You didn’t mention what are you doing with the laptop? If you filter by laptops with the same weight, screen resolution, fast CPU, etc., etc. there’s going to be a small list of laptops of comparable price.

So, if you start being more flexible in some areas you have more choices.

For example, how about a Ryzen desktop a no fuss laptop for when you are mobile? (This assumes you mostly work in one office on the desktop, but also want to be mobile).

Depending how used you are to macOS you’ll probably come back to Apple. Maybe buy an use / refurbished MBP.



I like the look of the Thinkpad X1 Extreme Gen 2 , but I’d want to know if it is saddled with NVIDIA Optimus GPU switching, and whether that works in CentOS 7.7 or CentOS 8.0 with the NVIDIA drivers. Anyone had any luck with that?

It looks like NVIDIA’s drivers support PRIME for sharing between integrated and discrete GPUs these days.



I believe the Optimus thing is broadly speaking fixed in Linux . Intel integrated defo still preferable if you are not gaming or similar.



Al the options mentioned here are good.

Dell XPS ThinkPad Lenovo X1 Carbon

I use a Dell XPS with only 8GB RAM. This can be tight at times. I switched to Ubuntu based Bodhi Linux and I am pretty happy about it. The RAM footprint is very very low and the system is very snappy.



Nothing equals the MacBook line even with all the downgrades since they *** switched to Donglebook models.

Closest I’ve used is the Surface line but it’s not nearly as good.

I’m still using a donglebook. My work gave me one and I had bought one so I have a spare for when one is being repaired.

The keyboards are utter shit, the usb C charging is a big downgrade, and the touch pads are now so big they often get in the way of typing.

The 2012 MacBook Pro Retina I bought before my 2018 Donglebook still hasn’t had issues.



Slightly off topic, I greatly prefer a touch screen over the touch pad.

One downside of switching is that work software for Macs are very well built. Webstorm feels clunkier on Windows than Mac, for example.

I wish I could recommend something, but nothing seems to meet the weight, quality, power match.

HP Pavilion has the weight and power of a MBP, and the tablet mode is fun. But the touchpad is terrible.

Dell XPS has power and a good build, but is too heavy if you like to lug around two laptops like me.

MS Surfacebook seems nice, but some friends report that it also similarly fragile.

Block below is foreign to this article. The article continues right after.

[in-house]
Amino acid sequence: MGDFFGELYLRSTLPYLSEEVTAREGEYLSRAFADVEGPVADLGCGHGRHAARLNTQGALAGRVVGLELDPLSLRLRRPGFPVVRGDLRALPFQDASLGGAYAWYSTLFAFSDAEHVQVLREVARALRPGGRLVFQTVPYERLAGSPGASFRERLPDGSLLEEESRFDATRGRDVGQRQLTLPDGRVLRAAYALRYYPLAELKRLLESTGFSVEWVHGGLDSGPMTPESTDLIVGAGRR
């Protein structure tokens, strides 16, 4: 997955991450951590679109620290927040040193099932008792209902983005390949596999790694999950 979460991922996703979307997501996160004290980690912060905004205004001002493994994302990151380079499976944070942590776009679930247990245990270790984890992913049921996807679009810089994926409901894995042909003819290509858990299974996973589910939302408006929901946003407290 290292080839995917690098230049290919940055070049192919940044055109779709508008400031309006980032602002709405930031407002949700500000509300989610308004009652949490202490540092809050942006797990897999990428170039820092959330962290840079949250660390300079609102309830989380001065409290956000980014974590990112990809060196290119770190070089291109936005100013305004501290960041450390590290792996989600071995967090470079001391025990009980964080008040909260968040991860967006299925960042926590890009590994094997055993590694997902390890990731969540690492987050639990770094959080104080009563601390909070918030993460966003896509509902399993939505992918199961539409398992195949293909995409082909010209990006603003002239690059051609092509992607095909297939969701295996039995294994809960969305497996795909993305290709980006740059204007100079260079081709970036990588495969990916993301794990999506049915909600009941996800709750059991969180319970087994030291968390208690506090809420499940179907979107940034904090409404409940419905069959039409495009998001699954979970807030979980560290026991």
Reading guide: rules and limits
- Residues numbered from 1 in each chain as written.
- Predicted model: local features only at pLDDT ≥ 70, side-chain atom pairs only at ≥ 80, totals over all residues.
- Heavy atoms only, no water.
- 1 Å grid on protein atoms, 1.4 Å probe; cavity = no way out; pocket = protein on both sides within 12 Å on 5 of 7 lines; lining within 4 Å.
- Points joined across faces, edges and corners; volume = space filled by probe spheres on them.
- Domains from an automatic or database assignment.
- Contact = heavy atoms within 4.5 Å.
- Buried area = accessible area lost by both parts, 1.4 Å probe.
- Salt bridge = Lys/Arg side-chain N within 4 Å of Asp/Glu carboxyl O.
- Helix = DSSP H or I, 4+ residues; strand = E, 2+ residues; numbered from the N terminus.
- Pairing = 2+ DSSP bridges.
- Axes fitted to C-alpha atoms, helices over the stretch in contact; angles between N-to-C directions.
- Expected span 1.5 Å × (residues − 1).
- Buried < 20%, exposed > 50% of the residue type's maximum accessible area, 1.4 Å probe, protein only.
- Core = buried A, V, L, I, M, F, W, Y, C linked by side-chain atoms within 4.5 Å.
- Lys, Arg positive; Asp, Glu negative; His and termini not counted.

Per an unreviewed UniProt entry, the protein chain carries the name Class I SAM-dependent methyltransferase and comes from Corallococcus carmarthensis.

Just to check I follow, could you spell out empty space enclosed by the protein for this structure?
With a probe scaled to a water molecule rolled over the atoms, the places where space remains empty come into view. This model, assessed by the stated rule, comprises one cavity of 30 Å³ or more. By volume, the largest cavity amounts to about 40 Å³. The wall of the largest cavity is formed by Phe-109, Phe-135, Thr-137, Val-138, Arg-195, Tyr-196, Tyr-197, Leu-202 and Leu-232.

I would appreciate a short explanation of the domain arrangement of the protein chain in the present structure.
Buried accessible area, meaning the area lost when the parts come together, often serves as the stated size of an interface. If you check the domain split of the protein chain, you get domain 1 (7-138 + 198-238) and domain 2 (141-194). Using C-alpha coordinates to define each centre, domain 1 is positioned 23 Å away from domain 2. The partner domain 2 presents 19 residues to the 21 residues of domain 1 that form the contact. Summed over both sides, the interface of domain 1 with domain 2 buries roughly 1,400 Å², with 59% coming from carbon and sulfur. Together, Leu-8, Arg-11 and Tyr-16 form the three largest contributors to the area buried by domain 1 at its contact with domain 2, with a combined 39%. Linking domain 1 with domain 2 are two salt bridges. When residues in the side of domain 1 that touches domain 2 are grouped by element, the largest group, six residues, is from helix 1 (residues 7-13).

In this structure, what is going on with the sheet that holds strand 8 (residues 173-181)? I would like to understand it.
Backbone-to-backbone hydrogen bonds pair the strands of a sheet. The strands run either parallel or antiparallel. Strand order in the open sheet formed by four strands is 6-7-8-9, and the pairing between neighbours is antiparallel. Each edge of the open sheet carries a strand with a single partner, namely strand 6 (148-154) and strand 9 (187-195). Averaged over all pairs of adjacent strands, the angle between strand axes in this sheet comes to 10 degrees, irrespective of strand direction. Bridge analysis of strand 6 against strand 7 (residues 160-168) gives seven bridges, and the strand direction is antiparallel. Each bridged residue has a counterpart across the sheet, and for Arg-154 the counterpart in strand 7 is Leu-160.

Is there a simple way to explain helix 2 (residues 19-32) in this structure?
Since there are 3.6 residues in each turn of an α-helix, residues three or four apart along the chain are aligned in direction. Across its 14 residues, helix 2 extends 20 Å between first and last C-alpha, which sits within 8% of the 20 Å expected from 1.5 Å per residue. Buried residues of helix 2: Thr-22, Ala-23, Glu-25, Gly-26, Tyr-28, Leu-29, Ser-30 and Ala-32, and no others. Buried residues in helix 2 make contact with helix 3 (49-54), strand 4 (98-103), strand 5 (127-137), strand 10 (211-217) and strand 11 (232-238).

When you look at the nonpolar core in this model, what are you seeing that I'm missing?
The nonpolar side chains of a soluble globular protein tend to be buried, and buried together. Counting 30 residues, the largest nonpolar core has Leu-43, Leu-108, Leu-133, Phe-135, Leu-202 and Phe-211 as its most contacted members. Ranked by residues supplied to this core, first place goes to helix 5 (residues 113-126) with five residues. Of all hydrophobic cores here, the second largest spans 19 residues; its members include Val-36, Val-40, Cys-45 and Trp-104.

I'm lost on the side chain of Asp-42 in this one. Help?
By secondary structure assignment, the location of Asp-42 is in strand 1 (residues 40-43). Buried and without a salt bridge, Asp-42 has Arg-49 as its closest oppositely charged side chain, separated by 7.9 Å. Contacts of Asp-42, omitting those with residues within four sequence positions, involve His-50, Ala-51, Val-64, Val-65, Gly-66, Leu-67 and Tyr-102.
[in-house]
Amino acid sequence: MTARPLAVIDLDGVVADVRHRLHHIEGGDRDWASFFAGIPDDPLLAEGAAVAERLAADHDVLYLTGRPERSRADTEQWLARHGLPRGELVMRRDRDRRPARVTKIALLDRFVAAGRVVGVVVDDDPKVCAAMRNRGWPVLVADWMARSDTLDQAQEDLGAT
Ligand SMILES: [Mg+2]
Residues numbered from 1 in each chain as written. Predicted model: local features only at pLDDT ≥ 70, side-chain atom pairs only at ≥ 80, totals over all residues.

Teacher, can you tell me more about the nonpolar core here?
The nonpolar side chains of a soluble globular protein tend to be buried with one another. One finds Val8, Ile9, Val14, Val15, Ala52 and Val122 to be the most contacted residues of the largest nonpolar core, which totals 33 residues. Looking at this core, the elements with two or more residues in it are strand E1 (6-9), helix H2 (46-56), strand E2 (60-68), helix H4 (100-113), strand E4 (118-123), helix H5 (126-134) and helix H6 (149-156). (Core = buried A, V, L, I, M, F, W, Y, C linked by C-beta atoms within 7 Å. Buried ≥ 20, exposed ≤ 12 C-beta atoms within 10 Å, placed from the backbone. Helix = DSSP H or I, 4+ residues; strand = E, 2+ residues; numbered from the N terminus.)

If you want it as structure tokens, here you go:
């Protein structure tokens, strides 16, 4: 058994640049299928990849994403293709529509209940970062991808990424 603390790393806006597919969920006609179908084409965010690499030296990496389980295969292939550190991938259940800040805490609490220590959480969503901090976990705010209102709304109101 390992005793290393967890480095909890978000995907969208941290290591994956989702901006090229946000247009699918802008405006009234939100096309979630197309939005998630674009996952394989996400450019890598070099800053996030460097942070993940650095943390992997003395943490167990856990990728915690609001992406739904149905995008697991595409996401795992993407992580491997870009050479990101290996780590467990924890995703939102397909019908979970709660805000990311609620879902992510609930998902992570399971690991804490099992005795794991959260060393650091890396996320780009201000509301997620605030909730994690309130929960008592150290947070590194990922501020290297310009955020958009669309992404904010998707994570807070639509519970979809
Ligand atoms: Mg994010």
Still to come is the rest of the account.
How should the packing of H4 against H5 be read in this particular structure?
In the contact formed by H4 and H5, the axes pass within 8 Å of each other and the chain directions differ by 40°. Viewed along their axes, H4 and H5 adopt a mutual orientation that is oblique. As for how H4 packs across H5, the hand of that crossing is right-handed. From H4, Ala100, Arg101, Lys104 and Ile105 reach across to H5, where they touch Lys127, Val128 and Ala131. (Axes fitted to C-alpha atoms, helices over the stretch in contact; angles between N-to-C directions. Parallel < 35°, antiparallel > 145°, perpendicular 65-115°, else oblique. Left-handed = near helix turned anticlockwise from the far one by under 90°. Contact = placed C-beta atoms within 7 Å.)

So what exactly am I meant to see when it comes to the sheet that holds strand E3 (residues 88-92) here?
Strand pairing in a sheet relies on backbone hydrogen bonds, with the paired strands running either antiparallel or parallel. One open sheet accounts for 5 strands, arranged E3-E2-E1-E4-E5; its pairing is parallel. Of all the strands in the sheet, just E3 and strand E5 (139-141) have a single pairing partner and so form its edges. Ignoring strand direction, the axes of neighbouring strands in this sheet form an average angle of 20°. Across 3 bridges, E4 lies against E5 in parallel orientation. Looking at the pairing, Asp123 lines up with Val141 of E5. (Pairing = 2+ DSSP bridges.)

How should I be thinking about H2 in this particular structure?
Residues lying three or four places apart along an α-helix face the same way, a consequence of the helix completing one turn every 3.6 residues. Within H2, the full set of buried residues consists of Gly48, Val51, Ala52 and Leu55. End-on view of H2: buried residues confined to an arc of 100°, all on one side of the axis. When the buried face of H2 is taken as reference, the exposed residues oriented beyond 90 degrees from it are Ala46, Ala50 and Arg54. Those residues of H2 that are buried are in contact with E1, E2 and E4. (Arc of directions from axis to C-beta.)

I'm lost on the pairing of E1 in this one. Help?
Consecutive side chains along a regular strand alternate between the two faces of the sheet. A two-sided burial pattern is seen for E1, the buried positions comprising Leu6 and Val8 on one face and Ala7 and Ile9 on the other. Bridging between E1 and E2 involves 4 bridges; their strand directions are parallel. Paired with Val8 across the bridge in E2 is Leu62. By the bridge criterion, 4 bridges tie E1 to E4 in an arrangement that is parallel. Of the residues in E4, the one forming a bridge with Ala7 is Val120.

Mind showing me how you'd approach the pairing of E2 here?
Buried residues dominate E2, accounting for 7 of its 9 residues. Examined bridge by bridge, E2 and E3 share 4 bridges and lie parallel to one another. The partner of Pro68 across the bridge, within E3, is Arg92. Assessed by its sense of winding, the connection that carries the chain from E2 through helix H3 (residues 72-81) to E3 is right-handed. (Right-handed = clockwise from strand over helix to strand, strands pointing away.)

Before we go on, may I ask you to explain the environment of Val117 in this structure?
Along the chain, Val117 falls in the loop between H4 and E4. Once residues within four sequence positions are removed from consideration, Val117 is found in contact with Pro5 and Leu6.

I’ve been doing a lot of work on windows , so I bought a surface book, and I really like it. But it is fragile. I bought a refurb, and I had to exchange it twice. Fortunately the support is good, when I’ve had a problem, MS swapped it for me via courier. I’ve had everything backed up on one drive and really been quite easy. If you find yourself in this position, their online support chat has certain hours in each country, just switch the / us / uk / au path segment in the chat url and you’ll get to chat with a person any time of day.



How is graphics switching working on those? AFAIK you need to use the discrete card for HDMI / displayport, and integrated for best battery life, but switching between them takes a reboot.



Related to this, any thoughts on the surface laptop as an alternative to MBP? Are the trackpad and keyboard good?



Screen and aspect ratio are fantastic. Trackpad and keyboard feel “cheap” compared to my wife’s 2016 MBP but I love the feel of the alcantara fabric while I type



I’ve personally loved the specter series from HP for their 4k displays and good specs for the price. I use a MSP 16 for drafting and design work, so the gpu is pretty critical for me.



I just changed to a dell XPS 15. I love the nvidia discreet GPU and it’s keyboard and trackpad are pretty nice. And having a escape key.



I’m on my second Lenovo laptop (now T 450 s, before that: L-series). I use Linux on it and am really satisfied.



I use MBP 2015 at work, Macbook Air 2013 at home, run Arch Linux on both devices (dual boot). Had no issues so far.



I have MBP ’18 and an Air ’19 and I was surprised how much better the keyboard is. I didn’t buy it for that reason – I just like to have a second, more portable laptop for backup and convenience. It is much nicer to type on and feels more rugged.

I agree with the general consensus here however – Apple needs to get its shit together and stop pursuing meaningless marketing metrics and start making great computers again.

SWEs / tech people (myself included) probably overestimate their importance vis-a-vis Apple, but it would really only take one great alternative from Razer or Lenovo or a new company to cause a mass exodus. That will definitely not be good for Apple.

At this point I use Apple because they piss me off slightly less than the alternatives let me down aesthetically. It’s hubris for Apple to assume that will always be the case.



Yeah, Lenovo is almost there with the X1 Carbon / Extreme and Razer’s ones look good too – if they’d just fix the trackpads and have officially supported Linux with the Optimus problems fixed they’d be a great alternative.



I’m using a ThinkPad E 480, with 2 monitors attached. Lubuntu 19. 10. It’s my main dev machine running Postgres, VirtualBox, Elixir, Node, etc. Battery is still amazing after 4 months.

I’ve always wanted to buy a MacBook Pro, mostly for music production, but the ThinkPad is a fine beast by itself. For music, I use Studio One 4 on Win 10.



Left the Apple ecosystem 10 years ago, never looked back.

My day to day work is done on a 15 inch LG Gram Ubutu 18. 04.

I just love it: super lightweight, fast, rugged (been dropped easyly 10 times, still working fine)

The dev env isvastlysuperior to what I had on my MBP where I constantly found myself struggling with out-of-date software and OSS stuff that just plain doesn’t work on the mac.


What do you think?